Gisborne feels like Home

Posted 10/12/2015

Bruce Van Dorp employs Tongan workers at his Orchard

Bruce Van Dorp has seasonal workers from all parts of the globe working at his Gisborne orchard throughout the year. But for more than two decades it’s those from the Kingdom of Tonga which have proved the mainstay of his workforce.

“I’ve found Tongans very good to work with,” he says.

“They’re great working with their hands, comfortable with nature, whether it’s harvesting fruit or vegetables. And they work well in teams. There’s always a bit a laughter and some singing … they’re good to have around.”

According Tangoi Vakameilalo from the Pacific Islands Community Trust, Gisborne is becoming increasingly popular for Tongans.

“Many of the workers are born and raised in Tonga, go to Auckland, but struggle to earn enough to pay the rent,” she says.

“They hear about the opportunities here through the Tongan networks and are moving because the rents are much cheaper and there’s less stress than living in Auckland.”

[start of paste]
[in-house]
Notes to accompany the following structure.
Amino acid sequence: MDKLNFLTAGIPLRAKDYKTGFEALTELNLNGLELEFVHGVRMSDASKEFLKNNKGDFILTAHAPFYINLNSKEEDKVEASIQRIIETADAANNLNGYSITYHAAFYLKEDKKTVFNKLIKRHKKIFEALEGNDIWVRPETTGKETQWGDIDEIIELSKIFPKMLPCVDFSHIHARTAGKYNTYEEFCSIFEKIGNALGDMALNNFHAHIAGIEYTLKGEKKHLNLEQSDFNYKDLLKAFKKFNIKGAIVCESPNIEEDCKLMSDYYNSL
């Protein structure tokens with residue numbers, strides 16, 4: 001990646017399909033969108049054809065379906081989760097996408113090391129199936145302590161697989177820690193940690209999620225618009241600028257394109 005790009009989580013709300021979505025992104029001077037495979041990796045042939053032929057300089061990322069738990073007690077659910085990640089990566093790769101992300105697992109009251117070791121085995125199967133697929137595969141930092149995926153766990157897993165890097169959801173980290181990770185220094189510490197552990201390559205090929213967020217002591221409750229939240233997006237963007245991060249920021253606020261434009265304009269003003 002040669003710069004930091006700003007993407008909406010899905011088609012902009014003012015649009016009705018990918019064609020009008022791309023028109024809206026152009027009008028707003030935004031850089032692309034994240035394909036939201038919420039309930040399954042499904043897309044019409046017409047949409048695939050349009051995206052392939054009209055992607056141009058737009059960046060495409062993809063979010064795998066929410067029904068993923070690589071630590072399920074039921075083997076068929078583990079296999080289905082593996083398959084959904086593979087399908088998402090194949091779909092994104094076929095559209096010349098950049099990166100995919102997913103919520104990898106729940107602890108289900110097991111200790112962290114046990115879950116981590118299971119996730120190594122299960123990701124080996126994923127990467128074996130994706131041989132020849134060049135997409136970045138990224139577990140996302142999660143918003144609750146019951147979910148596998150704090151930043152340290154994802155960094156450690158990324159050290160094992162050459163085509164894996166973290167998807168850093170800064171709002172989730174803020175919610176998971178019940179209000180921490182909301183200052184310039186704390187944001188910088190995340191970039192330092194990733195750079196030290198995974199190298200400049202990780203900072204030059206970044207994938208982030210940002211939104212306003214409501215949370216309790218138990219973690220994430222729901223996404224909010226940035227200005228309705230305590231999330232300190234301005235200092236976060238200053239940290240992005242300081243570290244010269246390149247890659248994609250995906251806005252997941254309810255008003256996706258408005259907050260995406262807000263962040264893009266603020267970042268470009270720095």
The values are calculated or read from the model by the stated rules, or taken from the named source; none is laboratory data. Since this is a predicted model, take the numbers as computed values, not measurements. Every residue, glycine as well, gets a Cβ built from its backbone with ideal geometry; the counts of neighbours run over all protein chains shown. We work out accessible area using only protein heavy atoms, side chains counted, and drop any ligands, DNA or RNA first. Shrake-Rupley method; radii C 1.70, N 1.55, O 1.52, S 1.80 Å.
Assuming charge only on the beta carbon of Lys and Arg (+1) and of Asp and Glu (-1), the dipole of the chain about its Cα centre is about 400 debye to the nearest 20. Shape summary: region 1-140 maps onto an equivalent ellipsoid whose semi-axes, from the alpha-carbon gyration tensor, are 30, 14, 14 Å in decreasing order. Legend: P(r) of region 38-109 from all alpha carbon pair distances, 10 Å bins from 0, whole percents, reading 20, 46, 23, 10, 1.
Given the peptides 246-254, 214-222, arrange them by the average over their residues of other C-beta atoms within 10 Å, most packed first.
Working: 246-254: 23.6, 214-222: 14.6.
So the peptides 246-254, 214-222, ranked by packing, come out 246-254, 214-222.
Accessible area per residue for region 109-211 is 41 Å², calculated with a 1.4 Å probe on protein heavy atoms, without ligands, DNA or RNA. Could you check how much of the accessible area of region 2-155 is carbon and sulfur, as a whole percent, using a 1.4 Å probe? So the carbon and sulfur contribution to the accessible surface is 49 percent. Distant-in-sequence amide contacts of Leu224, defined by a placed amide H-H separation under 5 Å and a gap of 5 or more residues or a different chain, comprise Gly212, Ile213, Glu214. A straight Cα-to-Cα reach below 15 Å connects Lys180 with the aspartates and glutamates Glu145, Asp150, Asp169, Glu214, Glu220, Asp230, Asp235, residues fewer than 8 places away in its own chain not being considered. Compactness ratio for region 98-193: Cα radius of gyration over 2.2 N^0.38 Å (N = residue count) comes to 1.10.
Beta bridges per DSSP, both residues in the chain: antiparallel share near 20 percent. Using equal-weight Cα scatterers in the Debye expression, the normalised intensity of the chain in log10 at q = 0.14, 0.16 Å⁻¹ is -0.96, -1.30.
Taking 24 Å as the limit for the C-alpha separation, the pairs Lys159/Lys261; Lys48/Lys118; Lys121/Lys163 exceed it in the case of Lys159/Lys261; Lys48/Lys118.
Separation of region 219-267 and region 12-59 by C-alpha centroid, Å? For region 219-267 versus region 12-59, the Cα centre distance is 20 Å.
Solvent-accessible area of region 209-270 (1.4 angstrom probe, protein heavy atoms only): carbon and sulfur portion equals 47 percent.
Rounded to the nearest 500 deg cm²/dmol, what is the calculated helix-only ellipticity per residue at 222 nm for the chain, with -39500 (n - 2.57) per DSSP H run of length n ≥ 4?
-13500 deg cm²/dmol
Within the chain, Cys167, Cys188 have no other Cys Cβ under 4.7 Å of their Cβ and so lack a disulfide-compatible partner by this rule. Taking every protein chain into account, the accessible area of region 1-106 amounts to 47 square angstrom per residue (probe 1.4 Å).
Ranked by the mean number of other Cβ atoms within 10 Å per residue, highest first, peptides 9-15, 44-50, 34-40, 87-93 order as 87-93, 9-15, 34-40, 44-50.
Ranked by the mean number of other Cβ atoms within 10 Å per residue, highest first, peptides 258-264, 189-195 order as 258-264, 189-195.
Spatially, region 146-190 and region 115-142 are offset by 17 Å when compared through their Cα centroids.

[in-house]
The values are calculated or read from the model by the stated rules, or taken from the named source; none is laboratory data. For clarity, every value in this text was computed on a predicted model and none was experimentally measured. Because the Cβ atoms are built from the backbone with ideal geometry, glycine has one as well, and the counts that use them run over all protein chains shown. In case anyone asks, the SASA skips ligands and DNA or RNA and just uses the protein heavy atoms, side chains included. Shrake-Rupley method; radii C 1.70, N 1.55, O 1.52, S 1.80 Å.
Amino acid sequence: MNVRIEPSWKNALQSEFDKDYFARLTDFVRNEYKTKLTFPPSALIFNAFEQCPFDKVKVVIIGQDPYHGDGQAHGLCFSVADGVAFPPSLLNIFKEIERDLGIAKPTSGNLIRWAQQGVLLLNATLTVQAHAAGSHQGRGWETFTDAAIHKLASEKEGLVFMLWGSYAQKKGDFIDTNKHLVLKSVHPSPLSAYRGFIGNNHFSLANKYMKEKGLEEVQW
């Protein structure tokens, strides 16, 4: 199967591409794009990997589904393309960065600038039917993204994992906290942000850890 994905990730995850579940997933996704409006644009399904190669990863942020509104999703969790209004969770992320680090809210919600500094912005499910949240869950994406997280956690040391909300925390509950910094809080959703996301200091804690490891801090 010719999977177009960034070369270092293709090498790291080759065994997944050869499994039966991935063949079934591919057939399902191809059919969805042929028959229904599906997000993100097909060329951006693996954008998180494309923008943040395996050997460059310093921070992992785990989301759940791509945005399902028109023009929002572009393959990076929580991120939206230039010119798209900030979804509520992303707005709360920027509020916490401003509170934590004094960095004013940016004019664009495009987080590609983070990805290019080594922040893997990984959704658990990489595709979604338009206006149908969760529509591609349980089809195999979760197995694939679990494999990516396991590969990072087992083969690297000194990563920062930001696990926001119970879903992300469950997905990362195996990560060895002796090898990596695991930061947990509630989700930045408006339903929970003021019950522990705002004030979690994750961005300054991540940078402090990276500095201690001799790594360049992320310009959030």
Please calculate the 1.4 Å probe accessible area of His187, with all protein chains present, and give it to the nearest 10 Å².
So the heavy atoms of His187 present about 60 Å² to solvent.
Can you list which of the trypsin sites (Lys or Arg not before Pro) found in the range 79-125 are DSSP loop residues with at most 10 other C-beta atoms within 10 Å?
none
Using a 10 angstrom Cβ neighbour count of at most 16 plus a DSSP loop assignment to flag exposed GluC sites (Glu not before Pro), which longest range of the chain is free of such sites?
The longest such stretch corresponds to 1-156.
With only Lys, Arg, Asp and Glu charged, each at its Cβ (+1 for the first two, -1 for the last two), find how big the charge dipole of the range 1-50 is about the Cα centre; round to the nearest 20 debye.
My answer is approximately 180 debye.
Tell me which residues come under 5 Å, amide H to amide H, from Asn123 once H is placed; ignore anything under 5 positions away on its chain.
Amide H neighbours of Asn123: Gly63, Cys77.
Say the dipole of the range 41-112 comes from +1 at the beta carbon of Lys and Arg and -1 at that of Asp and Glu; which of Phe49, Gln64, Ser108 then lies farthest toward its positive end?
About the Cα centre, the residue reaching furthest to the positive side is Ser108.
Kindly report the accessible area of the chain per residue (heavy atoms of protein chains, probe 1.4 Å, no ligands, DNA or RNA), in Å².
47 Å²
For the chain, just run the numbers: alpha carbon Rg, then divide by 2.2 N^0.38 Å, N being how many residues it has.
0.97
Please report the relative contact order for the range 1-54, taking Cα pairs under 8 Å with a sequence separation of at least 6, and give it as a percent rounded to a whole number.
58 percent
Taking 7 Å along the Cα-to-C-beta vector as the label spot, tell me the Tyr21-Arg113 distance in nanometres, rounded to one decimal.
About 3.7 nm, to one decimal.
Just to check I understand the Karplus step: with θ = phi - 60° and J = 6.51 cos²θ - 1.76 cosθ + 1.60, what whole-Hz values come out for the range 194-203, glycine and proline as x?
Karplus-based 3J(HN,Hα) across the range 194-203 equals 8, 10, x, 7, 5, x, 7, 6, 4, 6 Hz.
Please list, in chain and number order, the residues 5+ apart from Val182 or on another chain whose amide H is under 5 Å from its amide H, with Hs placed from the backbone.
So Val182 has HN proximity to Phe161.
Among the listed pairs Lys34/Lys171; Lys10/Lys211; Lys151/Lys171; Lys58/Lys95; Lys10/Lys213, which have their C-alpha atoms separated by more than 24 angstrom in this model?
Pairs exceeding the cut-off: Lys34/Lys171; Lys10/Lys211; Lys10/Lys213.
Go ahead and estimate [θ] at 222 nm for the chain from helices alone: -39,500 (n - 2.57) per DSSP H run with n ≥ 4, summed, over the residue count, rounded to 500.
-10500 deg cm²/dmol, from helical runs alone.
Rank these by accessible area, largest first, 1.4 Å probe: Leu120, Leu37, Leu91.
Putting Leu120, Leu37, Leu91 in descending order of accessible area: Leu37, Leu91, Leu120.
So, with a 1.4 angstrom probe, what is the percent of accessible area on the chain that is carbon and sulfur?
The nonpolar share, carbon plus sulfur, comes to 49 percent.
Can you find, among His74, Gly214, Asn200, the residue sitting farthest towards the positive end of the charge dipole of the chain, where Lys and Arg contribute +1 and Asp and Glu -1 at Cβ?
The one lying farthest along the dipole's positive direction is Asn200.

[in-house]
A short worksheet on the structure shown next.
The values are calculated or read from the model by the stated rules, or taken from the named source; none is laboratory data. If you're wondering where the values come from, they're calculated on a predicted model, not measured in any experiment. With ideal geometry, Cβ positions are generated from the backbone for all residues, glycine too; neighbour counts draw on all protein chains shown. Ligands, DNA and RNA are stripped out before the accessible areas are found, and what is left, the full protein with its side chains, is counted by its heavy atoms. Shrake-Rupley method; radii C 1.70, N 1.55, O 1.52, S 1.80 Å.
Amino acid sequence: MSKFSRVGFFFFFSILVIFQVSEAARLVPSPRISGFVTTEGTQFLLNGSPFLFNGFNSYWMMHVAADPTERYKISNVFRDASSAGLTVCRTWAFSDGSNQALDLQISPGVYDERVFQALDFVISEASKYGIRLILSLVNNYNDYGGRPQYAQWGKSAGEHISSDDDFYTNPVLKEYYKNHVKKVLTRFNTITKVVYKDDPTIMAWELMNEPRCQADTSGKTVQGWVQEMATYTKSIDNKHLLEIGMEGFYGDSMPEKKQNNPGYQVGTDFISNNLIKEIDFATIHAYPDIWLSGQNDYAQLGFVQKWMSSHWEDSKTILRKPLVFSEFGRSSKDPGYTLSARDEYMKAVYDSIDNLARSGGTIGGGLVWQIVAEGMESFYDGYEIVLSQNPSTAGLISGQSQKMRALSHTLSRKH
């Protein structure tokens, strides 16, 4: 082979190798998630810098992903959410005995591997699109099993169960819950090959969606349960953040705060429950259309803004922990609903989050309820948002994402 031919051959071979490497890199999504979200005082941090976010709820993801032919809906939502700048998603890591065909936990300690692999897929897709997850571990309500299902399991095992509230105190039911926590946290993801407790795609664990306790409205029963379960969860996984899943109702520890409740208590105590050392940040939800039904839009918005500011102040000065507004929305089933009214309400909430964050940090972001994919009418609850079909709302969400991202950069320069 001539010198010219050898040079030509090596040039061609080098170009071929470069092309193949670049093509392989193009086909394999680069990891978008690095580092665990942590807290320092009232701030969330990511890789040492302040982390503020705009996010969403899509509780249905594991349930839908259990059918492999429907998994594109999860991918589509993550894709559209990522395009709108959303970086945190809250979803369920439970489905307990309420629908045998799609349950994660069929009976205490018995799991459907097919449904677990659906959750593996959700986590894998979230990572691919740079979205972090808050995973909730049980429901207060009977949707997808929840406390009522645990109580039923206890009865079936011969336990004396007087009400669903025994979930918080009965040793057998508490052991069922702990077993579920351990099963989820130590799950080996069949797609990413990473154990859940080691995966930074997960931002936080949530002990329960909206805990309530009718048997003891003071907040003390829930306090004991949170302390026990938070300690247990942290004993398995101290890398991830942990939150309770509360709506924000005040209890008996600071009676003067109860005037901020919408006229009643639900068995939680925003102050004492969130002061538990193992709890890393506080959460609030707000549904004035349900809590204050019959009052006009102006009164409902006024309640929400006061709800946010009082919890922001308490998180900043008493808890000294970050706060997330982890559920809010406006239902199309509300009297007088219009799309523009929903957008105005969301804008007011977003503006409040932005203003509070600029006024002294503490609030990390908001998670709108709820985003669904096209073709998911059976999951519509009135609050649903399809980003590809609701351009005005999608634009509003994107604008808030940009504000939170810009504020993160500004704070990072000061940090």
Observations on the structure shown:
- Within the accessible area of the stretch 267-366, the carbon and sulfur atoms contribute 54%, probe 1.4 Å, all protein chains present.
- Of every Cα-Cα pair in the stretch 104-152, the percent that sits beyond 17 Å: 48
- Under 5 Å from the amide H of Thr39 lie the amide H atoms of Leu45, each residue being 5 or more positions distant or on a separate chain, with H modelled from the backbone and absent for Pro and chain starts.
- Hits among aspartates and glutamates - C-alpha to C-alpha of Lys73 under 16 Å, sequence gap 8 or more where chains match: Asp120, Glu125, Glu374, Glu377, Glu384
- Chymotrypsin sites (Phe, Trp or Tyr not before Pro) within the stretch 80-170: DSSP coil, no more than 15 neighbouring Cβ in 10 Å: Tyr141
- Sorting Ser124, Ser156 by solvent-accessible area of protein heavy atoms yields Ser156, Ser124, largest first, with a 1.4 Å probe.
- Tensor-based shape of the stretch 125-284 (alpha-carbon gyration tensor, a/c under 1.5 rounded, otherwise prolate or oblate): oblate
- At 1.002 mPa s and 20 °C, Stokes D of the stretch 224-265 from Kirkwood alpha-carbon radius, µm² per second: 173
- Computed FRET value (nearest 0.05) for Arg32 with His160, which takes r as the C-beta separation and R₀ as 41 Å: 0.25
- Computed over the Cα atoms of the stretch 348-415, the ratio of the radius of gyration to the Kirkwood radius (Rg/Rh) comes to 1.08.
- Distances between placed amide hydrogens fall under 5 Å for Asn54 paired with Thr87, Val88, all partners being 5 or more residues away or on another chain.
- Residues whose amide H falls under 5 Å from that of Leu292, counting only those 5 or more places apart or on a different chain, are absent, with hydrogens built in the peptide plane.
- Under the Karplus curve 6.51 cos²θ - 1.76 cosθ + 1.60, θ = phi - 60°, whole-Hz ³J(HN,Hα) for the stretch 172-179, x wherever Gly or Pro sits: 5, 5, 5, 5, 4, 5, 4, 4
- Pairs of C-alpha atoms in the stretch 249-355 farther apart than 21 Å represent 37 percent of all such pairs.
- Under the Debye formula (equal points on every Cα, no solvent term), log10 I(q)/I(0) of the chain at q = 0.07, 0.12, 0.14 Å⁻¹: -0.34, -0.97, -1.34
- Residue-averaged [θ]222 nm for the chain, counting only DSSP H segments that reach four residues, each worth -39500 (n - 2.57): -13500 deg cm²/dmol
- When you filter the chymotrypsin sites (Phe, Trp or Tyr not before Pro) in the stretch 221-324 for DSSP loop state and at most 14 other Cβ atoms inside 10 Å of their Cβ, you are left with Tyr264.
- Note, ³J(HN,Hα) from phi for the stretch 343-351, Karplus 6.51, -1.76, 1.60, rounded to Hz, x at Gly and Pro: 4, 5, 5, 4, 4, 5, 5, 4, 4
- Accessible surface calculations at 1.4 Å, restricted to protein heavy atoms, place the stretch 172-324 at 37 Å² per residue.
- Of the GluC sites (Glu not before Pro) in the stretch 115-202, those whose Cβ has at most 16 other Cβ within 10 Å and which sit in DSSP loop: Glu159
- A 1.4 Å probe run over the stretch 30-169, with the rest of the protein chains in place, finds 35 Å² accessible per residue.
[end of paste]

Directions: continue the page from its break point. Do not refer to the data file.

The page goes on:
Sela Fonua Pomelele

The Trust knows, however, that seasonal work does not provide a sustainable living for the whole year. It encourages arrivals to pursue education opportunities at the local Tairawhiti Polytechnic.

The Trust also assists with helping new arrivals enrol in English language courses.

The growth of the Tongan community encouraged Minister Sela Fonua Pomelele, who was previously head of the Auckland Free Wesleyan Church of Tonga, to relocate to Gisborne.

She says people at the Trust are performing an important role in helping newcomers settle.

“If they come to me through the church I always refer them to the Trust, whether it’s for accommodation, job opportunities or services,” says Minister Sela, speaking as she works alongside her fellow parishioners at Bruce Van Dorp’s orchard.

“The language barrier is still an issue, especially for those who have come straight from Tonga, so the Trust has contacts with the local service providers who can help them.”

She adds that many Tongans settle easier in Gisborne because they’re used to working in horticulture and find the environment more relaxing.

For more information

Pacific Islanders' Community Trust

Aere Tai Services

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